Things that are hard: trivial POST request from the browser

I’m trying to make a trivial web app. Why is this so hard?

Glitch is an amazing site for making this, but its “simple node app” example does not POST anything back to the server.

I finally got this working. Here’s the result — it might be useful to you to remix it.

Things I figured out:

  • add the json middleware to express
  • some library to post from the client. I used axios because it’s what we use in our apps. This is probably not the simplest one
  • browserify middleware to be able to install it from the client
  • the Chrome developer tools, alt-cmd-I on a mac:
  • you can see the request headers in the network tab if you click on the request of interest and then scroll down in the right place.
  • to play with things in the console, like trying to make a POST request: find the script under “sources”. put a debug point where you need access (like in my case, I needed axios, so I put it at a place where I used it). Then in the “scope” section of the debugger, find that variable, right-click on it, and save as global. It appears as “temp1” in your console. Don’t forget to push play to make the debugger let go. The global variable stays available and you can call “…)” etc to figure out what you’re doing.

Then getting anything to update in the front end, that was hard too. I’m definitely going to bring in a front end framework before I try to do anything further.

Mutual Purpose and Agreed-Upon Methods

I’ve long preferred to work on teams that base cooperation on shared values like inclusiveness, respect, and curiosity. Teams where everyone feels valued at all times, both as a coworker and as a human.

Yet, the phrase “shared values” kinda gives me the willies. It implies that our compatibility as teammates comes from deep-seated beliefs. Which implies shared culture or even religion. I want to collaborate with people who are more different from me than that.

A teammate is anyone whose success is entwined with mine. We succeed
together and fail together. This means we have a shared goal: a mutual purpose. We are going to the same place, regardless of where we each came from.

Yet mutual purpose is not enough for us to cooperate: we need to agree on how to achieve it. If we want to have dinner together, and you go to the grocery for ingredients while I book a restaurant, we are defeating each other. We need to agree that we want to share dinner and we will achieve this by cooking it, and this will require gathering ingredients and cleaning the kitchen. We can pair on tasks or divide them, but we can agree on what needs done. This way we value each other’s work at all times.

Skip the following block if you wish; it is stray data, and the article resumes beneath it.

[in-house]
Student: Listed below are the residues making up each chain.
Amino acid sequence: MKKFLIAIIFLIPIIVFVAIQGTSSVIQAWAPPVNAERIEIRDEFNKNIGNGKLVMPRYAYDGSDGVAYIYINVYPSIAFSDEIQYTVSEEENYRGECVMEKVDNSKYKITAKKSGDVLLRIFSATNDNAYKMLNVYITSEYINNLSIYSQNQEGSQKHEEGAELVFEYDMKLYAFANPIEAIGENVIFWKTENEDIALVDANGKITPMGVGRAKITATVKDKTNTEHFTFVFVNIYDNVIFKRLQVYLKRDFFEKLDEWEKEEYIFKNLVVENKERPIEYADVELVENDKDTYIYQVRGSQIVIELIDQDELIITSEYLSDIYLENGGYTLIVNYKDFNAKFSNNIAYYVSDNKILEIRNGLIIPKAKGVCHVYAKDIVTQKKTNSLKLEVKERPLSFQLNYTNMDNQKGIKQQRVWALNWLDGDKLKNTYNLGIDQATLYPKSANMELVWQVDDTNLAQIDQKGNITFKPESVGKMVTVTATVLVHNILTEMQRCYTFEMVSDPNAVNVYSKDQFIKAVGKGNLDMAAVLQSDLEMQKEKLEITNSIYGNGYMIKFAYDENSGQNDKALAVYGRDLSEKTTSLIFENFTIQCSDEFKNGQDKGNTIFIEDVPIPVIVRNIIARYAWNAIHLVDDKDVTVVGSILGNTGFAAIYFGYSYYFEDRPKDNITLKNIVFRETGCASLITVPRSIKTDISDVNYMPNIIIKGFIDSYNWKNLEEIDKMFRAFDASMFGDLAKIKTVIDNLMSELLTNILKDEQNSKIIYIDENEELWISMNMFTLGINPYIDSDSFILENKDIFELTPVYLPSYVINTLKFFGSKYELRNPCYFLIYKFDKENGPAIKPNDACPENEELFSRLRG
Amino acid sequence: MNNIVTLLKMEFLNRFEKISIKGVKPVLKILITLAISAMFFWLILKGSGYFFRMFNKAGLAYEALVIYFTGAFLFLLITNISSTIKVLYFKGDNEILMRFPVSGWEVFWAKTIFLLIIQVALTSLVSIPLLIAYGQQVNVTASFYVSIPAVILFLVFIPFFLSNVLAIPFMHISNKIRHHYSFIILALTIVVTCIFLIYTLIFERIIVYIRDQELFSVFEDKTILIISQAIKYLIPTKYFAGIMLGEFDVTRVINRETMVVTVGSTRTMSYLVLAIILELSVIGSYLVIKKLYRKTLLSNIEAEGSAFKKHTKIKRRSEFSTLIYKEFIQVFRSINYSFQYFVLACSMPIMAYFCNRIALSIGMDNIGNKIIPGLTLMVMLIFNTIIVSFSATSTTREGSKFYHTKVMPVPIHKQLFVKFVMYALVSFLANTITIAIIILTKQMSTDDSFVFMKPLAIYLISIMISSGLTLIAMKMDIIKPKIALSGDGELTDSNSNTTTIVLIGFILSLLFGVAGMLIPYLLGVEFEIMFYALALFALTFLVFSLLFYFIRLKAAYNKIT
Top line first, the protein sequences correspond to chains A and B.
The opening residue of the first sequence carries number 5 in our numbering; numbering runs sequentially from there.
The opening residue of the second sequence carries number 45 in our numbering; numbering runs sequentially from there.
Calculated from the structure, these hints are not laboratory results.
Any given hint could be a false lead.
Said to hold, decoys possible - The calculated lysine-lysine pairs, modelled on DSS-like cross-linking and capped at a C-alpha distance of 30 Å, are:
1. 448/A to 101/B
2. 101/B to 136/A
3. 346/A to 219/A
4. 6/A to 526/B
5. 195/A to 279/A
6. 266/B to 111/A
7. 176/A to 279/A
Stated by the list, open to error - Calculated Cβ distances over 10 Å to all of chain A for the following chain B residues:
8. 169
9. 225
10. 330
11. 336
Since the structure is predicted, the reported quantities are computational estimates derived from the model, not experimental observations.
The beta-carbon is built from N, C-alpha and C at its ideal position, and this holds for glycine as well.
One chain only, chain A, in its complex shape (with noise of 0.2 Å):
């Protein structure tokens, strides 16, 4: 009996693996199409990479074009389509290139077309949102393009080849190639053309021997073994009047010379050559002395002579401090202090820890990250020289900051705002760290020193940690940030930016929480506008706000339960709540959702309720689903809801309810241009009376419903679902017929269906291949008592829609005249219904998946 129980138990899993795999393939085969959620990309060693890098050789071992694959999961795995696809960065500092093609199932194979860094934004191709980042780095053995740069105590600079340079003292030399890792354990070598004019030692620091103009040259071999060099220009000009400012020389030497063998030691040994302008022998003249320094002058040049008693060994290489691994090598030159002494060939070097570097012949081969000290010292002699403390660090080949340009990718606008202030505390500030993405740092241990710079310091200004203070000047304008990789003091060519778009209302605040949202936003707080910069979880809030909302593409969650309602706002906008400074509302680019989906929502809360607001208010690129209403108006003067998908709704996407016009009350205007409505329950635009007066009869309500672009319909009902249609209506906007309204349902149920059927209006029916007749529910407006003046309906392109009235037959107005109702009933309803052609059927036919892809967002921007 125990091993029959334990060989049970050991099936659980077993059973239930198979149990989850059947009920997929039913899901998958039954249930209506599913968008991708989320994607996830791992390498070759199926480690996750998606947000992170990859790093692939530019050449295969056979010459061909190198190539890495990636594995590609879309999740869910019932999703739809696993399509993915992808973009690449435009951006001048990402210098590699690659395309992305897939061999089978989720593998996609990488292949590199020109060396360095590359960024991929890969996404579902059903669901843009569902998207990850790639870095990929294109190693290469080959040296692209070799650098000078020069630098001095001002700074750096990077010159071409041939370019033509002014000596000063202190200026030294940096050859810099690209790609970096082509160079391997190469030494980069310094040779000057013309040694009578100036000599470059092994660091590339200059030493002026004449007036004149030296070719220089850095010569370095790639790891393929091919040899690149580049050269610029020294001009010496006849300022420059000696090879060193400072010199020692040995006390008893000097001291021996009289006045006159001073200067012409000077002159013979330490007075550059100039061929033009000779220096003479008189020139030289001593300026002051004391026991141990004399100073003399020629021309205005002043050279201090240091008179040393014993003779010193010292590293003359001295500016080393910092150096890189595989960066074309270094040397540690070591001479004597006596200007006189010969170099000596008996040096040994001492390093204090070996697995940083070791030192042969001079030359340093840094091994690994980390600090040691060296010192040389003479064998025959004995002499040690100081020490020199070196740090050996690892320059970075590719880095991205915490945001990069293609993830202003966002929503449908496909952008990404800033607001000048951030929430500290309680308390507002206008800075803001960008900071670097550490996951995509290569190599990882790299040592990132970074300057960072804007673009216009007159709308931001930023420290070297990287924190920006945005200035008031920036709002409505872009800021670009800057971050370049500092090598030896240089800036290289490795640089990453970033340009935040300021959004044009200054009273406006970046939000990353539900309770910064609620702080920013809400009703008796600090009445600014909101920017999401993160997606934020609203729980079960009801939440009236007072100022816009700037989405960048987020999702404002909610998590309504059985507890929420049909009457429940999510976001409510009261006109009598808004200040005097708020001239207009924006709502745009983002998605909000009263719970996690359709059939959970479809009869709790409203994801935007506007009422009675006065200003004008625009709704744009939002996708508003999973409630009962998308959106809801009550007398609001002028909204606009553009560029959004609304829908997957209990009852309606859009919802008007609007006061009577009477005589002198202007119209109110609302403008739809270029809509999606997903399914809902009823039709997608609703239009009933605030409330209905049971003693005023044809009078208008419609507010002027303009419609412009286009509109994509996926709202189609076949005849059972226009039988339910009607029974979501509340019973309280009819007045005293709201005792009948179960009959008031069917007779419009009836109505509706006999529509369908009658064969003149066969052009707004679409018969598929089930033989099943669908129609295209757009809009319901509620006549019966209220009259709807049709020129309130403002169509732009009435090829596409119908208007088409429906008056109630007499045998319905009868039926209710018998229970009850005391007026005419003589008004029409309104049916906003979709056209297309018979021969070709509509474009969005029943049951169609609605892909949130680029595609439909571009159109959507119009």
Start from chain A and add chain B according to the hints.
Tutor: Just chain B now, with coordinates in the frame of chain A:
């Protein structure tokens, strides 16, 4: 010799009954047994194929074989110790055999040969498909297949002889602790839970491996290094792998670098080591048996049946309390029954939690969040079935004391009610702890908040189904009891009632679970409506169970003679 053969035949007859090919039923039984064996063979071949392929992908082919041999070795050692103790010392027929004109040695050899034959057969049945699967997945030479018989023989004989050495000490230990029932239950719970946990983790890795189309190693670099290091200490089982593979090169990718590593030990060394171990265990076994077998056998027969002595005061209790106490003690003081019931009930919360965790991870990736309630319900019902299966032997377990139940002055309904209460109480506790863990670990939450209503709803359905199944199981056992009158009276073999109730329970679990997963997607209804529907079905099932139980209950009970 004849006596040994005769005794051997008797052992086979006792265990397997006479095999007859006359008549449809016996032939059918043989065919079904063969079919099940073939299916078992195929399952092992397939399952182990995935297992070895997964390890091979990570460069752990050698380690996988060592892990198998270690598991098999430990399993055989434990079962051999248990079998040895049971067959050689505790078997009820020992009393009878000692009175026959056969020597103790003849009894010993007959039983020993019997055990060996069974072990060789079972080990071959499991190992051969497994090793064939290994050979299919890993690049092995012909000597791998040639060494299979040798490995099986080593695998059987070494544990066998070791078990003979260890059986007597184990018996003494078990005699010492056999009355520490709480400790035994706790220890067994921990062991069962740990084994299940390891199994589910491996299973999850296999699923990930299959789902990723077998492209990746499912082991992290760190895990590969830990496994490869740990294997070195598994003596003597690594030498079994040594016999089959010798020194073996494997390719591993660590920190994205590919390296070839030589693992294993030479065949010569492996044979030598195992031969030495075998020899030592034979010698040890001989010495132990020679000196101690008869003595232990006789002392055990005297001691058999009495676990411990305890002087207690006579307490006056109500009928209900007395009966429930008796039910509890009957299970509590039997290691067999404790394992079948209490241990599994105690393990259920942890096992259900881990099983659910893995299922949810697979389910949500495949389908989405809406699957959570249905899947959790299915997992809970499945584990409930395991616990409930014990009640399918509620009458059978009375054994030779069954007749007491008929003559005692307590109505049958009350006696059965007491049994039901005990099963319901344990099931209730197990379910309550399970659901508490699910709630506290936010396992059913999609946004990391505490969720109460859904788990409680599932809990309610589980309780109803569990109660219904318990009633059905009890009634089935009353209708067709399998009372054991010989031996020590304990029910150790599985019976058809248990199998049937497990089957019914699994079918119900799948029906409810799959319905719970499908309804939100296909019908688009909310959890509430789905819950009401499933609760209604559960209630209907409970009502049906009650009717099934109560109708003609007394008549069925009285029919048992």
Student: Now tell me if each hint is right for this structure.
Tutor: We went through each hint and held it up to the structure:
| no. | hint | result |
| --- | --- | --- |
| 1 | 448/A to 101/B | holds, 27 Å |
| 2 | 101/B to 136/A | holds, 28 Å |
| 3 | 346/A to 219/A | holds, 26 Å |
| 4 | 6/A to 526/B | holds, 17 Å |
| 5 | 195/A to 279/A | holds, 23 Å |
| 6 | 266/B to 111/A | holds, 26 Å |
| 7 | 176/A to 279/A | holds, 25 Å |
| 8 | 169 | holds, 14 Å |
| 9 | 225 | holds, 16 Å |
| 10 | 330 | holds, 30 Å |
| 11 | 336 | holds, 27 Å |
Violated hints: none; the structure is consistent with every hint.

In software development, I want to agree on who our customer is and what we are doing for them. Everyone in the team shares this purpose. And I want to agree closely enough on how to do that. Like in science: an “invisible college” of collaborators exhibits shared purpose and practices.

For instance: on my project, we aim to change the way people deliver software. Our methods include:

  • provide an open-source software delivery machine framework, so people can write delivery in code.
  • in TypeScript, because it is widely accessible (lots of people know JavaScript) plus makes a framework more discoverable (with autocompletion).
  • delivering to npm, after passing our chosen checks, through code that we also control
  • collaborating asynchronously, with pull requests and in chat, so that people worldwide can participate. We each follow the code changes and a few specific channels.
  • with mutual respect and assumptions of positive intent. When we are confused by another’s actions, hop on a video call.
  • plus near-weekly planning meetings where we can go deep on what needs to change.

Agreed-upon methods incorporate: what solution we’re building, what we prioritize, some degree of architecture and implementation detail, our collaboration practices, and how we evolve these. The level of detail and which parts are important will vary by team, as needed for their purpose. It is important that they do vary; otherwise this is not a learning system. In our teams as in our technical architecture, the crucial question is “how do we change it?”

Some of these methods conflict with some deep-seated beliefs. Personal values can matter. For instance, if one of our methods is: “when we communicate, every team member’s opinion is heard” and some potential team member believes “the opinion of a woman is irrelevant” then no. That person’s deep-seated beliefs are in conflict with the agreed-upon methods of our team. If a potential team member believes that ignorant customers are to blame for any mistakes they make, that is in conflict with an agreed-upon method of discoverability.

Hiring becomes, will you adopt our mutual purpose? can you join in with our methods? and will you help us reach better methods in the future?

A person’s values might conflict with our team’s purpose or methods, but I don’t want to ask someone to hold particular values in order to work on my team.

Can we please replace “shared values” with “mutual purpose and agreed-upon methods”?